Other halogenated vanillin derivatives include 5-chlorovanillin and 5-iodovanillin. It is known however that chlorovanillin is unreactive toward hydroxide ion/copper and yields no hydroxyvanillin using conditions even more drastic than those effective for converting 5-bromovanillin to 5-hydroxyvanillin. Aryl iodides, on the other hand, are known to be more reactive than the corresponding bromocompounds in this kind of reaction. Iodine, however, would be prohibitively expensive if discarded as the bromine is in the above described bromination reaction. Reference to the iodination of vanillin to 5-iodovanillin may be found in H. Erdman, Svensk. Kem. Tids., 47, 223 (1935) Chem. Abstr. 30:449. Conversion of 5-iodovanillin to 5-hydroxyvanillin is disclosed in S. Banerjee, M. Manolopoulo and J. M. Pepper, Canadian Journal of Chemistry, 40, 2175 (1962).

Post 403132

(Rhodium: "5-Hydroxyvanillin from 5-Iodovanillin", Novel Discourse)
However, the processes there disclosed isolate the intermediate iodovanillin before hydrolysis and do not recover the by-product iodide ion from the various reactions.

A process has now been discovered from the conversion of armoatic compounds to hydroxy aromatic compounds which does not isolate an intermediate haloaromatic compound and which permits economical recovery and reuse of halide by-products produced during the reaction. The process involves the hydroxylation of an aromatic compound by reacting the aromatic compound in the presence of an aqueous solvent with a triiodide salt to form a reaction mixture containing the corresponding iodoaromatic compound, reacting the mixture, without separation of the iodoaromatic compound with a hydroxylating agent to form the corresponding hydroxy aromatic compound and additional iodide salt, separating the hydroxy aromatic compound from the iodide salt and recapturing the iodide salt. The corresponding alkoxy aromatic compound may be produced by alkylation of the hydroxy aromatic compound by known alkylation procedures.

The process of the invention renders cost-effective an otherwise cost-ineffective process using the iodination route. In the case of such processes as the conversion of vanillin to trimethoxybenzaldehyde, the process becomes basically a one-step or "one-pot" process by eliminating the purification of the intermediate 5-iodovanillin. Iodination of vanillin and conversion of the resulting iodovanillin to hydroxyvanillin may be carried out in the same reaction vessel. Moreover, efficient recycle of the by-product iodide salt to the triiodide reagent used in the reaction obviates the need to dispose of the valuable iodine/iodide material. Prior art processes necessarily separated and recovered the bromide or iodide by-product from the halogenation reaction and again from the hydroxylation reaction. In the present process, the iodide salt is recovered only after hydroxylation, at which time it may be oxidized to iodine and the iodine partially reduced to form the starting triiodide reactant. (The triiodide reagent is a solution of iodine in an excess of the iodide salt, e.g., NaI+I.sub.2 or NaI.sub.3). If chlorine is used as the oxidizing agent, the only net by-product of the reaction is sodium chloride, an obviously inexpensive waste by-product.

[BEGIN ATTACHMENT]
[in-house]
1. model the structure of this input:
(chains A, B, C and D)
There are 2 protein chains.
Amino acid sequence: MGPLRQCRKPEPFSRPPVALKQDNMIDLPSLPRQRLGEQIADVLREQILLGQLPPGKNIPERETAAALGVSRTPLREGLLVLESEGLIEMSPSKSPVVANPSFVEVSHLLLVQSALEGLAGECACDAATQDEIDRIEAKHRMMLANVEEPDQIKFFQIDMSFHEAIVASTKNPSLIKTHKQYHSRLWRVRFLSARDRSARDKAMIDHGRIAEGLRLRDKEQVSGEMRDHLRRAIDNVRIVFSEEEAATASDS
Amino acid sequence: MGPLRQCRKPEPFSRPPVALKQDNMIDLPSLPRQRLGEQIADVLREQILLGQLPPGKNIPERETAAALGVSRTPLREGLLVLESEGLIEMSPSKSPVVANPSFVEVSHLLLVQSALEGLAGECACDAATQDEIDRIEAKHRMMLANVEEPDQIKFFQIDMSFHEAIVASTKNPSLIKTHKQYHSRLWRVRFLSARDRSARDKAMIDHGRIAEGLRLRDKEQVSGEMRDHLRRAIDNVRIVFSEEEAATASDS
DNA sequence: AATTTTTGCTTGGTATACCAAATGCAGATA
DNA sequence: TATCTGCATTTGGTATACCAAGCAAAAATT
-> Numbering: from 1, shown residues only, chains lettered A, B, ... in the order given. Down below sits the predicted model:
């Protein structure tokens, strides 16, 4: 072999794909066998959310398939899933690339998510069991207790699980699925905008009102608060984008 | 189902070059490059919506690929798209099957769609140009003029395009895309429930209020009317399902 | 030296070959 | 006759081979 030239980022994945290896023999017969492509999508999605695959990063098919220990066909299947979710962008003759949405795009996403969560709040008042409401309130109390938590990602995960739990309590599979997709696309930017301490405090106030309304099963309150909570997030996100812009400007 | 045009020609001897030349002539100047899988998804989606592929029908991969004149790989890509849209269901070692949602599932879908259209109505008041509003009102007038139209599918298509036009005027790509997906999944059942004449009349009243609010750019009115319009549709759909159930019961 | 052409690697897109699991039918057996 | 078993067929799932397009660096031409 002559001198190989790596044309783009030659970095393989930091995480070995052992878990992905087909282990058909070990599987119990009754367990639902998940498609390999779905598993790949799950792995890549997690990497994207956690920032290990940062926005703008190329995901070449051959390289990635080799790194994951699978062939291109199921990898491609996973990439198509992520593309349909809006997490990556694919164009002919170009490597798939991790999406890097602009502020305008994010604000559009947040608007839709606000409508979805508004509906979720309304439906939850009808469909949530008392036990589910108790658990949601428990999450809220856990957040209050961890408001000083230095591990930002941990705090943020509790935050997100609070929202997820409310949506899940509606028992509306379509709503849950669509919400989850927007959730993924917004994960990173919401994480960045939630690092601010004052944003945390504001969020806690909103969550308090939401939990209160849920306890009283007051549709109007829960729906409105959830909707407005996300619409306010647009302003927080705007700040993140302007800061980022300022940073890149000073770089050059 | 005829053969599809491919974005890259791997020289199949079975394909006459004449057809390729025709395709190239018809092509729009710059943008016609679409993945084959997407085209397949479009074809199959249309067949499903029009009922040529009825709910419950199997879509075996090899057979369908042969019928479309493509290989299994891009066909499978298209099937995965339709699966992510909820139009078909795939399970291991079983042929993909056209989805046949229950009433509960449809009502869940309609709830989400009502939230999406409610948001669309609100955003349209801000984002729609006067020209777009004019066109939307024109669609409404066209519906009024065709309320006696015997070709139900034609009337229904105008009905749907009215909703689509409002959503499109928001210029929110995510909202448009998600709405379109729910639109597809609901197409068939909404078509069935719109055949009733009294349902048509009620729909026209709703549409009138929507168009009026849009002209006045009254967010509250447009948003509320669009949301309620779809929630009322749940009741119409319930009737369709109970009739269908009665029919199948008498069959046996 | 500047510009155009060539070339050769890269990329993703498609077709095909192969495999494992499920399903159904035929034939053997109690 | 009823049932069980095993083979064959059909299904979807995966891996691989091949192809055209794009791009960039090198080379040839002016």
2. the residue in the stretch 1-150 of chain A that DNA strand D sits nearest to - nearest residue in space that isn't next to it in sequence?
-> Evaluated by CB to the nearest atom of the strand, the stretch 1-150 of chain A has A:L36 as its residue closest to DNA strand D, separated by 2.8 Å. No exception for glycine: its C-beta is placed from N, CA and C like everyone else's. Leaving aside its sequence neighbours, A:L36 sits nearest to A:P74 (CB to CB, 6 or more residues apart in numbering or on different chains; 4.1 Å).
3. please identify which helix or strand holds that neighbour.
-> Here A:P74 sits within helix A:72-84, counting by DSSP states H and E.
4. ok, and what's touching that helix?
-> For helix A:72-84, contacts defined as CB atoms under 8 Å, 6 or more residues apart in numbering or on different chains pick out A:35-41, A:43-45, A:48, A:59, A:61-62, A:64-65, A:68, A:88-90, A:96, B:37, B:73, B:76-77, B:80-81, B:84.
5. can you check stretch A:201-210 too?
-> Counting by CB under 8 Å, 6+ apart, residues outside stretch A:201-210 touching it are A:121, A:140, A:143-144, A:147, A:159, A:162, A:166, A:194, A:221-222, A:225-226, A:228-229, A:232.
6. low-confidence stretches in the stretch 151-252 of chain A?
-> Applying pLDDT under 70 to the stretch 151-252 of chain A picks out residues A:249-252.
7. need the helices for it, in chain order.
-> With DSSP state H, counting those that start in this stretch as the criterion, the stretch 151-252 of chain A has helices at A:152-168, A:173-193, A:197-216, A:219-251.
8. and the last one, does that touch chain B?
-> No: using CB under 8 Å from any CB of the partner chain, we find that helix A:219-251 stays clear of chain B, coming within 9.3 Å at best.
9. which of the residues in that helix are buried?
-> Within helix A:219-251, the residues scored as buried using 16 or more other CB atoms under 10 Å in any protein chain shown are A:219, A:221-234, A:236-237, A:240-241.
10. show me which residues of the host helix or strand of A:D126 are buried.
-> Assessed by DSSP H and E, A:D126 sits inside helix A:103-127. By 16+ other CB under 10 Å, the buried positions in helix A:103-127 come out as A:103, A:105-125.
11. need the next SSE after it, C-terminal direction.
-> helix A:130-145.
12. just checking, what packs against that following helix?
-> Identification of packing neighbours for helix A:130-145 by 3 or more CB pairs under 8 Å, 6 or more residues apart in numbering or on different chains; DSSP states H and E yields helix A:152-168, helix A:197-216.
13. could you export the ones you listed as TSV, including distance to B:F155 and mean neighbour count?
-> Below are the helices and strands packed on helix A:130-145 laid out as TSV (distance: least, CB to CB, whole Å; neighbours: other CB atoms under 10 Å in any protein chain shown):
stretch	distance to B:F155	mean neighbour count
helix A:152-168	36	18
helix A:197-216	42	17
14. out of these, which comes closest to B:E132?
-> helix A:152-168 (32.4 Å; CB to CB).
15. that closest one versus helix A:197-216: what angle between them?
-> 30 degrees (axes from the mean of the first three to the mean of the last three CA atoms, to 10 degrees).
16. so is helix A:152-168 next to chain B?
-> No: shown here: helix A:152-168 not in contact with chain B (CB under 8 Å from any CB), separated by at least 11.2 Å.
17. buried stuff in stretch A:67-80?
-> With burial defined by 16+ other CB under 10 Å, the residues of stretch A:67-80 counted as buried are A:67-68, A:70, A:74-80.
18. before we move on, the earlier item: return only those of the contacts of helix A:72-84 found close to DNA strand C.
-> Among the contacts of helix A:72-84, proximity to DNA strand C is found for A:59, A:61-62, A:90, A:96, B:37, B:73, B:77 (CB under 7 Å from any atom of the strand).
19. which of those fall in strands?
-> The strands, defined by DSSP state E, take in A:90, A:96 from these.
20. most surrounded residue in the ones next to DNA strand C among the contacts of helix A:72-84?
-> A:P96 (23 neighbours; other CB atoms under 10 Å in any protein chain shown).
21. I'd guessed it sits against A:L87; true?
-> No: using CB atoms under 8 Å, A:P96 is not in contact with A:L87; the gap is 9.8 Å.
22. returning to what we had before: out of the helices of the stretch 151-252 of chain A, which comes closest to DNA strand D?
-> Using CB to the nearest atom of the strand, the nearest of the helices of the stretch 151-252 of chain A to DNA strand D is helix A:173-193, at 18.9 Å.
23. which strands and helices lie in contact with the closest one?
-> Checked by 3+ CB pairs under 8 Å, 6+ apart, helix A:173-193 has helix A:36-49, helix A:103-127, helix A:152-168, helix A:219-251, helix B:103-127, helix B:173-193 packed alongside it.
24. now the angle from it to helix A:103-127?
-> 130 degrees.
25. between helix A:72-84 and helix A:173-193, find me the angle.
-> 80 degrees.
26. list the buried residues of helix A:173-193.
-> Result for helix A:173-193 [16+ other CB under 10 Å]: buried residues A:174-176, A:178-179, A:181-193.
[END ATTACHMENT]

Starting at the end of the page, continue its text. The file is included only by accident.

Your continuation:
The starting materials useful in the practice of the invention are aromatic compounds subject to electrophilic substitution reactions. Such compounds may include benzene but the process is particularly suitable for aromatic compounds containing electron donating nuclear substituents, i.e. mono- or polycyclic aromatic compounds containing one or more hydrocarbon substituents such as an alkyl, cycloalkyl, aryl or aralkyl group and/or one or more hydroxy groups or aldehyde, acid, ester or ether radicals, i.e., alkoxy, carboxy, carboxyl or aldehyde carbonyl groups. The process is not useful with substituents such as poly-nitro, or ketone groups with an alpha hydrogen, which either react with the reagent or strongly de-activate the ring. Ketone groups are deactivating, as are aldehyde groups, but ketones containing an alpha hydrogen would react with the iodinating agent whereas the aldehydes would not. For example, diaryl ketones would not interfere. Only in the case of severely de-activating groups, such as poly-nitro groups, is the de-activation a problem in carrying out the iodination. Weakly de-activating groups such as aldehyde groups do not interfere with iodination. Useful aromatic compounds are simple monohydric phenols such as phenol, o-, m- and p-cresol and guaiacol; polyhydric phenols such as catechol and resorcinol; phenolic aldehydes such as protocatechualdehyde, vanillin, syringaldehyde, p-hydroxybenzaldehyde and 5-formylvanillin; phenolic acids such as vanillic acid, syringic acid, protocatechuic acid and p-hydroxybenzoic acid. The preferred aromatic reactants are those having at least one phenolic hydroxyl functionality.